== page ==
Relish the irony. A French arms dealer is heard from on the eve of the Supreme Court taking up the messy Rafale affair; the Dassault CEO insinuates himself in our internal political disputes – that too on the watch of a very self-insistently desi sarkar. And what does this expert witness assert? Predictably, he rubbishes the suggestion that the Narendra Modi government had anything to do with the Anil Ambani group being rewarded with a contract to help manufacture these ultra-modern fighter planes.
That such an elaborate charade could be staged in an effort to influence Supreme Court judges should surprise no one. This kind of street-smartness has been the default option of the clique of inadequate, limited men lording it over Raisina Hill’s real estate.
After four years in power, their agenda has acquired a truly alarming edge and needs to be blunted. These limited men have convinced themselves that a Lok Sabha majority gives them an unlimited mandate to overturn every single constitutional institution of restraint. At the core of this interpretation of ‘mandate’ is the unrelenting assertion of the ‘decisive’ leadership of Prime Minister Narendra Modi. This decisiveness is deemed central to the ‘Modi magic’, and hence the demand that in its pursuit the prime minister be treated as above all and any stipulation of accountability or transparency. The limitedness of one man was elevated into a national blessing. And now the chickens are coming home to roost.
The other day, we were forced to recall how two years ago the prime minister simply decreed the demonetisation of our currency. It is now clear that this cataclysmic step was not taken on the basis of any rational economic reason. The Reserve Bank of India refused to accept its stated logic. What was unstated, of course, was that demonetisation was primarily intended to build up Modi’s reputation as a leader capable of taking “tough” and “decisive” action. Two years later, it is obvious that that reputation was purchased at an enormous cost to the economy and inexcusable pain to millions and millions of poor Indians.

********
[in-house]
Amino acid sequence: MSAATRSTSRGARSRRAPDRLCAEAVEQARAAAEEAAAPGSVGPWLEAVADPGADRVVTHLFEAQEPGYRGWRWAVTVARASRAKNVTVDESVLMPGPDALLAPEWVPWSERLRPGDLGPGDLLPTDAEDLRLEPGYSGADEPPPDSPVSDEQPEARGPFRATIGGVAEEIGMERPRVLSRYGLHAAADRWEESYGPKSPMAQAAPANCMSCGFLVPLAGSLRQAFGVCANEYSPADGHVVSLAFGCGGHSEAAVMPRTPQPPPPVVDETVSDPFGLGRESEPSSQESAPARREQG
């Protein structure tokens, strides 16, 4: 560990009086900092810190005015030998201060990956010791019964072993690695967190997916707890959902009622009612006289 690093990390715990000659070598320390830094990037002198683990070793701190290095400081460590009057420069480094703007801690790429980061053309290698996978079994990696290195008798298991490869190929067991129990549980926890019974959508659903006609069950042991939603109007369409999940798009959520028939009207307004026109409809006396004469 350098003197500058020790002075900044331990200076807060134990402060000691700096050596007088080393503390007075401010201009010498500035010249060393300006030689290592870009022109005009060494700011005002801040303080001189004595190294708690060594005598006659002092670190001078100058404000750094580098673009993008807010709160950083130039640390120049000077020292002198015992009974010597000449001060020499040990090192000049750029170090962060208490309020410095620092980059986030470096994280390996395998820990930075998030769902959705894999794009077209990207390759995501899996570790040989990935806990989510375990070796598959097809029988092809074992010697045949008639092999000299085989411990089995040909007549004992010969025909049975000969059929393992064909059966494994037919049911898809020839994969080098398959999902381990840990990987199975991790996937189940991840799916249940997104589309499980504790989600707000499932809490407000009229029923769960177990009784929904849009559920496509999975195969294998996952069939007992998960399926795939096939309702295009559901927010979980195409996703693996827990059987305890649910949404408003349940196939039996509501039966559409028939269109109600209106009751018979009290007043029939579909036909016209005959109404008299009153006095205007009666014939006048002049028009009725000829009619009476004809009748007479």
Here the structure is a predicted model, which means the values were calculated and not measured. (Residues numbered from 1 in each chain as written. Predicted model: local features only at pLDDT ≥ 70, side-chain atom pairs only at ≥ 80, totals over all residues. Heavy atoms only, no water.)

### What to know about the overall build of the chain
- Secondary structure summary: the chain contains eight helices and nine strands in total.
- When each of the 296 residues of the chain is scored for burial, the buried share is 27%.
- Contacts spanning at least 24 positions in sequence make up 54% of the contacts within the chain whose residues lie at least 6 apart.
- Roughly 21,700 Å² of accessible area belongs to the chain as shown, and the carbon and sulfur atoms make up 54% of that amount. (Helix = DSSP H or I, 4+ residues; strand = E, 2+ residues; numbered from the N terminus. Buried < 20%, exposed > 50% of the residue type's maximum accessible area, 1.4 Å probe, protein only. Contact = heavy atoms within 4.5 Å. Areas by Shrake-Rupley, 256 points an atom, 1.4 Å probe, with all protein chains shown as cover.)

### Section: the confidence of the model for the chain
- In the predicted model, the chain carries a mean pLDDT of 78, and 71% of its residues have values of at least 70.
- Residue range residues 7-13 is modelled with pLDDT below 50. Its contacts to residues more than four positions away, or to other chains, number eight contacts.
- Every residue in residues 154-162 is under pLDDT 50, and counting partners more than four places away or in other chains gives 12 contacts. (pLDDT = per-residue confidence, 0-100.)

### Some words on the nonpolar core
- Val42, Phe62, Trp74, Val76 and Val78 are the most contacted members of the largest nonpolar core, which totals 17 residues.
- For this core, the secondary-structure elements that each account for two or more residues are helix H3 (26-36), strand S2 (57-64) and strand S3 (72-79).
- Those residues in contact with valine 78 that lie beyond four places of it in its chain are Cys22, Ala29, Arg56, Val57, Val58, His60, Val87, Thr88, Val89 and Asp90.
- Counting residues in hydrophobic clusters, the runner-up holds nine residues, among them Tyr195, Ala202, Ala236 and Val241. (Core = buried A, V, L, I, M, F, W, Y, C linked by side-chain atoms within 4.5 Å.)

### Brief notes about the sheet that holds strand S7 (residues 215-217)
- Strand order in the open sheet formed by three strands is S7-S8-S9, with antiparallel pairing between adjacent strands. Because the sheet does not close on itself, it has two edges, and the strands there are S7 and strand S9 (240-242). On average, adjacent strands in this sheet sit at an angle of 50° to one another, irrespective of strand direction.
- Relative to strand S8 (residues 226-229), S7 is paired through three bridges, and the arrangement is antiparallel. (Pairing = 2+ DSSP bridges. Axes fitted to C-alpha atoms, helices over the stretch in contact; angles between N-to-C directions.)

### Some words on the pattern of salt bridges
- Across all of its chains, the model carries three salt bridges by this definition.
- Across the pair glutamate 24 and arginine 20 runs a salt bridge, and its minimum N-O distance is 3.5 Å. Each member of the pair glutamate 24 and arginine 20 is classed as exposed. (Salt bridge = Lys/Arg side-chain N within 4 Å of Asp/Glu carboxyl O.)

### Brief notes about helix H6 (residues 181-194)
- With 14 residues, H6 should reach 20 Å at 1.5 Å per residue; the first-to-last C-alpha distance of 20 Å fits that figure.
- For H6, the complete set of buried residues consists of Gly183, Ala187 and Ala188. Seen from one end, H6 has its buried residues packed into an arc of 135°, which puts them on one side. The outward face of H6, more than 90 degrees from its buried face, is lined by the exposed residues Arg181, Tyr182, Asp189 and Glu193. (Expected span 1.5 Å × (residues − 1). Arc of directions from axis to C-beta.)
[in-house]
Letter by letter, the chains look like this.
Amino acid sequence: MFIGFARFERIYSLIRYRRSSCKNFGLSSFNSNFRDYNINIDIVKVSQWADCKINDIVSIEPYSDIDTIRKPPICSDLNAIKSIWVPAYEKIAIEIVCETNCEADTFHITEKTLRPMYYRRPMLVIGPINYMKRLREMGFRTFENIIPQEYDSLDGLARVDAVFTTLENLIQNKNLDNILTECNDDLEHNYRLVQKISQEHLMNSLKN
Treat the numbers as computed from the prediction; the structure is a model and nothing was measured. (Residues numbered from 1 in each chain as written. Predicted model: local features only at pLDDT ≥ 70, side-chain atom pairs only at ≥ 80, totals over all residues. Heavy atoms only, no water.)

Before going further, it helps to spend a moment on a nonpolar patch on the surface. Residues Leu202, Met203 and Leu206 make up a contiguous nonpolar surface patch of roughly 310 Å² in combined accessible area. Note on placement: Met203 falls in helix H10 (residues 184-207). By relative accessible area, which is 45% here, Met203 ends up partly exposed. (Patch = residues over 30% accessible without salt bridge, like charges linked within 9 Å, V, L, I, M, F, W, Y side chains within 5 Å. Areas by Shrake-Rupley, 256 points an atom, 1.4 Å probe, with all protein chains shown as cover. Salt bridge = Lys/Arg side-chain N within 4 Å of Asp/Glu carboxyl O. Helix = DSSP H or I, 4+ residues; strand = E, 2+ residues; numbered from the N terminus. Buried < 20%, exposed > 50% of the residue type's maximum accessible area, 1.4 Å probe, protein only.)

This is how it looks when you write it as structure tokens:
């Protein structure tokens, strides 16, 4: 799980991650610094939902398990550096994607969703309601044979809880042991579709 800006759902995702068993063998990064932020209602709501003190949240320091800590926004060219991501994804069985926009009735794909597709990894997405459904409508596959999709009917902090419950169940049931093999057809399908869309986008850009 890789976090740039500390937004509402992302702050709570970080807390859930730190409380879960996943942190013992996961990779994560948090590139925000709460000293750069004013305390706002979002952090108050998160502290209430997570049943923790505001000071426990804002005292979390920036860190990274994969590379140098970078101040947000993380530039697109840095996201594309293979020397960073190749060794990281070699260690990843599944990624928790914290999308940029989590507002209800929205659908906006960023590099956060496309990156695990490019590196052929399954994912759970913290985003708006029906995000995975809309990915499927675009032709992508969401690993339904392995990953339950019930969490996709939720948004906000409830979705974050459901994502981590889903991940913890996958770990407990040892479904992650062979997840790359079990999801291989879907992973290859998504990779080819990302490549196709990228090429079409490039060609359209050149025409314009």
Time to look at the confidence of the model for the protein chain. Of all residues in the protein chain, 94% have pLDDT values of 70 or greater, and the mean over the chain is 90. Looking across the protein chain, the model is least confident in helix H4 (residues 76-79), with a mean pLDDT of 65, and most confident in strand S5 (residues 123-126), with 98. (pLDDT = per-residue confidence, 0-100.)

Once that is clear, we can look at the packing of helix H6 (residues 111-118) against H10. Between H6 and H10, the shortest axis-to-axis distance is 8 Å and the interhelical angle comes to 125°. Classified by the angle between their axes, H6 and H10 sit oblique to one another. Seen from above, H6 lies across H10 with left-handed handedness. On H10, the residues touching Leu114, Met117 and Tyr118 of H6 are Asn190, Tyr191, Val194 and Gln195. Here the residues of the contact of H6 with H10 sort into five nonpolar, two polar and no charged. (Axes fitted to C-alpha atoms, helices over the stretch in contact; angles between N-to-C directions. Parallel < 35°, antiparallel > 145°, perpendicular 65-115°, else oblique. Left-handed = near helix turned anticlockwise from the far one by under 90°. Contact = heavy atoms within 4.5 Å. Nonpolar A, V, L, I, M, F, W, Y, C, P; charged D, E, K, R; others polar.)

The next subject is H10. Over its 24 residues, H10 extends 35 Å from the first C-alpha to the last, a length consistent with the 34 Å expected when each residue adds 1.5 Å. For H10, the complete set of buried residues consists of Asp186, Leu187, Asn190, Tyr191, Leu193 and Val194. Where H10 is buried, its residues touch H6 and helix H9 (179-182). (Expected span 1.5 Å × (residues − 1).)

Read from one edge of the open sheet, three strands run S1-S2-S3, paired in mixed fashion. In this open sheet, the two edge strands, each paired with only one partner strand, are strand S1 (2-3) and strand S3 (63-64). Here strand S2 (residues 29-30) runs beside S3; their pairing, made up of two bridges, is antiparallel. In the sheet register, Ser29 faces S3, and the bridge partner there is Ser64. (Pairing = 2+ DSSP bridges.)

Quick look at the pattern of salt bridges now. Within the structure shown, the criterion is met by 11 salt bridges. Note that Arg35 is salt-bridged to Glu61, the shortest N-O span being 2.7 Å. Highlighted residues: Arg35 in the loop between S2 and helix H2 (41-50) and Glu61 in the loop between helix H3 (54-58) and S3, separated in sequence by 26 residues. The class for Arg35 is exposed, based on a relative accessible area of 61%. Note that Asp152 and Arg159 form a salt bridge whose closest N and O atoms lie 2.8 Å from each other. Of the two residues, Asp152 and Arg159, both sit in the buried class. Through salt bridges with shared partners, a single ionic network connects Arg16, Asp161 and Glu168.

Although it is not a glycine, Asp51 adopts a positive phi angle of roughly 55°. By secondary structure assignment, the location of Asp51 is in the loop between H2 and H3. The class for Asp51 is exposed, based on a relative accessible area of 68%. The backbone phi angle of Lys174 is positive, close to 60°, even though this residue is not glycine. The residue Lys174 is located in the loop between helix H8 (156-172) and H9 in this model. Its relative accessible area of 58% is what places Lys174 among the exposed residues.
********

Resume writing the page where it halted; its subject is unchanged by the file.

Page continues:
It is in the nature of this “decisive” leader syndrome that a court culture breeds itself around the helmsman. Inadequate men are inherently insecure and tend to surround themselves with second-rate talent. The Modi group cooked up this myth of a “Lutyens Elite”, and this became a convenient tool to cull out first-rate minds from the corridors of decision-making. For example, “foreign-educated” economists were bad-mouthed. A ‘rock-star’ Raghuram Rajan is anathema to a regime which permits only one star. Globally respected, independent, brilliant voices make reluctant cheerleaders and naturally come to be seen as dispensable nuisances. Now, after four years, Modi is firmly entrapped in the limitedness of his own coterie.
Today, it is this absence of first-class talent that has come to tell on the management of our national economy. Quack economists and advisers have provoked an unprecedented stand-off with the Reserve Bank of India, whose leadership is not prepared to barter away its institutional autonomy. Nor do the RBI governor and his deputies appear willing to enable the great leader to buy the next mandate. That is not acceptable to the “decisive” leader; hence, the threat to use a knuckle-duster.